The third part of my two-part answer is that the book publishing industry is in flux. Which is nice way of saying that it resembles trying to make a living in Weimar Republic when your money would drop in value between the time you bought a loaf a bread and the moment you paid for it. No one has a clue what will sell, what stores will be open to sell it in, what advertising still works (if any,) what marketing works, and what authors are worth putting any money into.

If it wasn’t for Patterson, I think half of the American publishing market would be defunct.

So, the big boys only take on established authors with a track record of sales. This looks a lot better when you go into the weekly meeting where you have to defend every book you’d like to green light. Instead of mumbling about this Tolkien fellow and goblins and rings, you can just say, “Hey, it’s Steve Berry, he sells back our investment in the first week and if we don’t take him, Simon & Penguin, Marks, Knopf, $ Gireaux will.”

At which point, the president of the company walks in and announces that they’ve just been sold to Random Osprey & Robot and everyone has to find three best-selling gay/cis-male nonsexual erotica books with at least two holistic brownie recipes by tomorrow noon.

Tell us about Angry Robot Press.

Angry Robot is a publisher determined to survive. To my knowledge, they’ve gone through three owners in the past decade and continued to publish crazed gore-sodden noir and equally insane science fiction. They aren’t evil people, it’s just the nature of the business. When Exhibit A got the axe, they were owned by Osprey which was a company of incredibly serious military books (Polish Aces of World War 2, Uniforms of the Boer Wars) that had grown out of a manufacturer of tea cards a million years ago.

What I suspect happened was that the CEO of Osprey was also the Editor-in-Chief. That indicates to me that she was the only person at Osprey who knew diddley about books. She departed for an editor’s job at a big publisher and the suits at Osprey jumped up within 24 hours and announced a “reassessment” of the company–which means they threw a big “For Sale” banner on the outside of the building. One thing I learned from my dalliances in the world of tech startups is when you want to sell a company, you need to make it neat and simple for the suits on the buying end. You don’t want to present a combination of tea cards and blood-splatter fiction to a banker.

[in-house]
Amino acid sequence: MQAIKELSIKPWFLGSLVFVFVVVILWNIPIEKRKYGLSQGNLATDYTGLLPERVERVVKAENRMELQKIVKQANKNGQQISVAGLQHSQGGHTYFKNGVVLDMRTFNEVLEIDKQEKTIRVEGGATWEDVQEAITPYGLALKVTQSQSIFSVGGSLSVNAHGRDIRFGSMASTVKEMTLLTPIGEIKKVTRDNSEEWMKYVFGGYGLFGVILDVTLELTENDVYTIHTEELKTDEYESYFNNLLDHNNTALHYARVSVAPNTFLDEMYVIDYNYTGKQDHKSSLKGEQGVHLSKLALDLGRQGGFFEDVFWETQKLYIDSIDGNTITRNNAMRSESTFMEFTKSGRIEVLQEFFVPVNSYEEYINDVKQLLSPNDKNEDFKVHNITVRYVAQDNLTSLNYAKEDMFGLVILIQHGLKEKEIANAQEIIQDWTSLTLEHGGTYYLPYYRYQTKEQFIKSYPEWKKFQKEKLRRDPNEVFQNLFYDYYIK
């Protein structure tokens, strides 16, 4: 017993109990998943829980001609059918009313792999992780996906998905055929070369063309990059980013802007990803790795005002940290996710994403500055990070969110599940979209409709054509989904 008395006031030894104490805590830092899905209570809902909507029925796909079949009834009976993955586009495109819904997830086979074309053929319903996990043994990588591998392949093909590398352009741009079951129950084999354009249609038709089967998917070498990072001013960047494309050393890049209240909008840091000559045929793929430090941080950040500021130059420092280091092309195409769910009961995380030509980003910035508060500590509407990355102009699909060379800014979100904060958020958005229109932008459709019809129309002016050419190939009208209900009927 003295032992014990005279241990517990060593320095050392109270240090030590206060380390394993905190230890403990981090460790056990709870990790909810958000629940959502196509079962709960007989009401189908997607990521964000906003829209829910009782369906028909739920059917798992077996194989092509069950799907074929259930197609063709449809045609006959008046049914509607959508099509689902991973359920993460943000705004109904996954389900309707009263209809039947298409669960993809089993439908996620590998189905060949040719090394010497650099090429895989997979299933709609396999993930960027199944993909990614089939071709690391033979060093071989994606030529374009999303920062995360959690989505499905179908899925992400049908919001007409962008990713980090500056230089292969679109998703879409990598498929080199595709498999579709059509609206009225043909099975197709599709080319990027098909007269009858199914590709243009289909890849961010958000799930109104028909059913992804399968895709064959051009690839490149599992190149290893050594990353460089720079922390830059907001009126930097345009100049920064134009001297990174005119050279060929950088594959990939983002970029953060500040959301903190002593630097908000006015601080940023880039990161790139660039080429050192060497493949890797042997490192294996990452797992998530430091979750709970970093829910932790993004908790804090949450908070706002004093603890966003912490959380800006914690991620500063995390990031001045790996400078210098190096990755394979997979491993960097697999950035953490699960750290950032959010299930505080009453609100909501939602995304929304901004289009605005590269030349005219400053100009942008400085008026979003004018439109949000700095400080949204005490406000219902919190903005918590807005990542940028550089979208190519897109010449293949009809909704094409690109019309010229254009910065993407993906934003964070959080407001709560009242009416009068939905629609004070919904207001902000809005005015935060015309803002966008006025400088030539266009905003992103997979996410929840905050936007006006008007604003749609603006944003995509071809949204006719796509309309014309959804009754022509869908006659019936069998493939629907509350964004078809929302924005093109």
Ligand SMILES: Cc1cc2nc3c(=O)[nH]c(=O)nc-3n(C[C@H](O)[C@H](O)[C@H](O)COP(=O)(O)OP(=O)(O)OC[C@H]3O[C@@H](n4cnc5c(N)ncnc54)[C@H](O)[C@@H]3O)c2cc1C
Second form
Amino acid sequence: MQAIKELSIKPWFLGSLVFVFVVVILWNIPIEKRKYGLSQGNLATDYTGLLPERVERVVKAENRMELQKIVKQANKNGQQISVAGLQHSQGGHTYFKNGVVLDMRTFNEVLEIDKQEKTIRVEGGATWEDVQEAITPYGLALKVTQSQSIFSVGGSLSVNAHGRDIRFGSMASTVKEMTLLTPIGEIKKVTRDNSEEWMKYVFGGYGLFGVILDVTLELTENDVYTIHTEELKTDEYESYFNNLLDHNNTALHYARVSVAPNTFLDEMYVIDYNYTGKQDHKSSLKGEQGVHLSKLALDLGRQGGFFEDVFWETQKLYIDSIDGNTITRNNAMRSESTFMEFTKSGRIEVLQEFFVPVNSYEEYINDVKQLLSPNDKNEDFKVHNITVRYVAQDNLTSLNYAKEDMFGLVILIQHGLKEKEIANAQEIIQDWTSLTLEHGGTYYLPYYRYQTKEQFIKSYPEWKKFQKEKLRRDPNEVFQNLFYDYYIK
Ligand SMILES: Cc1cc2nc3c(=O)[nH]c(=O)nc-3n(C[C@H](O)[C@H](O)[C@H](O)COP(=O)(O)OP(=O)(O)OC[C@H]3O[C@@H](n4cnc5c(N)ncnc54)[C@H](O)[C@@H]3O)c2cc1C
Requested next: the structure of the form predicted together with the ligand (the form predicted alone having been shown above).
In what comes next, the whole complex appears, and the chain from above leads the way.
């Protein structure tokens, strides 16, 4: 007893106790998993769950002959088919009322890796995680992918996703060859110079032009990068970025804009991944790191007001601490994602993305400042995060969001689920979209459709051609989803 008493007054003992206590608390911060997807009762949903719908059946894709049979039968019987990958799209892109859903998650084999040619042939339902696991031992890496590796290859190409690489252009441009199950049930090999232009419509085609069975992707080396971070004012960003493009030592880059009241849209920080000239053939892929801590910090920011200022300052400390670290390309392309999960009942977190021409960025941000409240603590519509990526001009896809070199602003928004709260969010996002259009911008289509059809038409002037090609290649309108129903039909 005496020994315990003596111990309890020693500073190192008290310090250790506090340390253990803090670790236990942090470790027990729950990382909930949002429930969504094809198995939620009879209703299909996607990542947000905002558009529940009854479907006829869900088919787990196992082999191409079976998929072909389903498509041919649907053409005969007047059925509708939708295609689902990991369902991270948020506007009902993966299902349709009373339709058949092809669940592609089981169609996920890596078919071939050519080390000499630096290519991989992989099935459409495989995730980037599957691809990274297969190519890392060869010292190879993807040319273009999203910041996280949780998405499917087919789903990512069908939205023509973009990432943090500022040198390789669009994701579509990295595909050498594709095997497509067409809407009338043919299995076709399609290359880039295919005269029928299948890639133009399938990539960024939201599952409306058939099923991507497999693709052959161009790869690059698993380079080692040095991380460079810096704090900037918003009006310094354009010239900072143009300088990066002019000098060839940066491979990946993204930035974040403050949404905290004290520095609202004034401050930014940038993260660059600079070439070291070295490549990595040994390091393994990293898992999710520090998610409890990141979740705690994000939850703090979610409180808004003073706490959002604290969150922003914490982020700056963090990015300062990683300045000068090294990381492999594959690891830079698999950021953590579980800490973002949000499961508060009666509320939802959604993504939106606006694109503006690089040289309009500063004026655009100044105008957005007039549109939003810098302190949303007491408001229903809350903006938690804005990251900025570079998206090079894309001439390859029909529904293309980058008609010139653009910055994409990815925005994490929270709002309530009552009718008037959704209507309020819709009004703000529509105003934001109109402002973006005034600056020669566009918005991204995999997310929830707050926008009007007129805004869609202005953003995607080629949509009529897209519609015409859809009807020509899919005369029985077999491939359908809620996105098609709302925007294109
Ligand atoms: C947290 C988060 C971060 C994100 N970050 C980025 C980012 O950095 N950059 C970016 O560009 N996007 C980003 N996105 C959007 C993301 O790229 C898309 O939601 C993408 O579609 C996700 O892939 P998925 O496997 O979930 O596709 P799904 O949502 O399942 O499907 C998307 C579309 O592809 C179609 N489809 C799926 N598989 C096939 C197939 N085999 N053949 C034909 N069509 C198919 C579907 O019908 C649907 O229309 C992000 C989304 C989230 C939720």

So, after about two minutes of “reassessment,” Angry Robot was cut loose and on their own. They had the same problem, two new imprints which weren’t making money yet (Exhibit A and Strange Chemistry) so they had to go in order to make their own sale simple. Boom. We were dead.

COURIER 250x389 photo COURIER-250X389_RRP Courier front 72dpi.jpgI followed it vaguely in the trade press and it appeared that Angry Robot went into bankruptcy for about ten minutes and then was acquired by an American company that specialized in holistic meditation–now, that has to be a marvelous synergy. To their credit, they didn’t use the author’s contracts as collateral and returned my rights on a relatively quick basis.

I guess I wish them well on their journey toward holistic splatter-fiction synthesis.
My agent tried to get me another publisher but–even though he has told me that 4 editors at Random House and 3 at Simon & Schuster have read Courier–had no luck. He always disliked Dragonking–just not his cup of tea–and I was left in the cold. In December, when Courier was about to off what few shelves it was on, I decided to take the leap and created Ronin Robot Press.

In truth, it’s a combination. I’ve blown most of my savings on living for three years without an income while I wrote my books and the far longer time I spent waiting for Exhibit A to put them on the market. Then I blew a LOT of money on PR firms that did very little and on going to book conventions which were enjoyable but not sales monsters. Finally, I’ve been a freelancer for too long and I believe in paying an invoice the day it comes in the mail. Far too many people have used the Bank of Freelancer to fund their business and left people with nothing when the business craters. More than anything, that’s what I’m looking for with the Crowdfunding effort at www.roninrobotpress.pubslush.com, the funds to bank away and use to pay the people who are writing, editing, designing the covers, and proofing our books.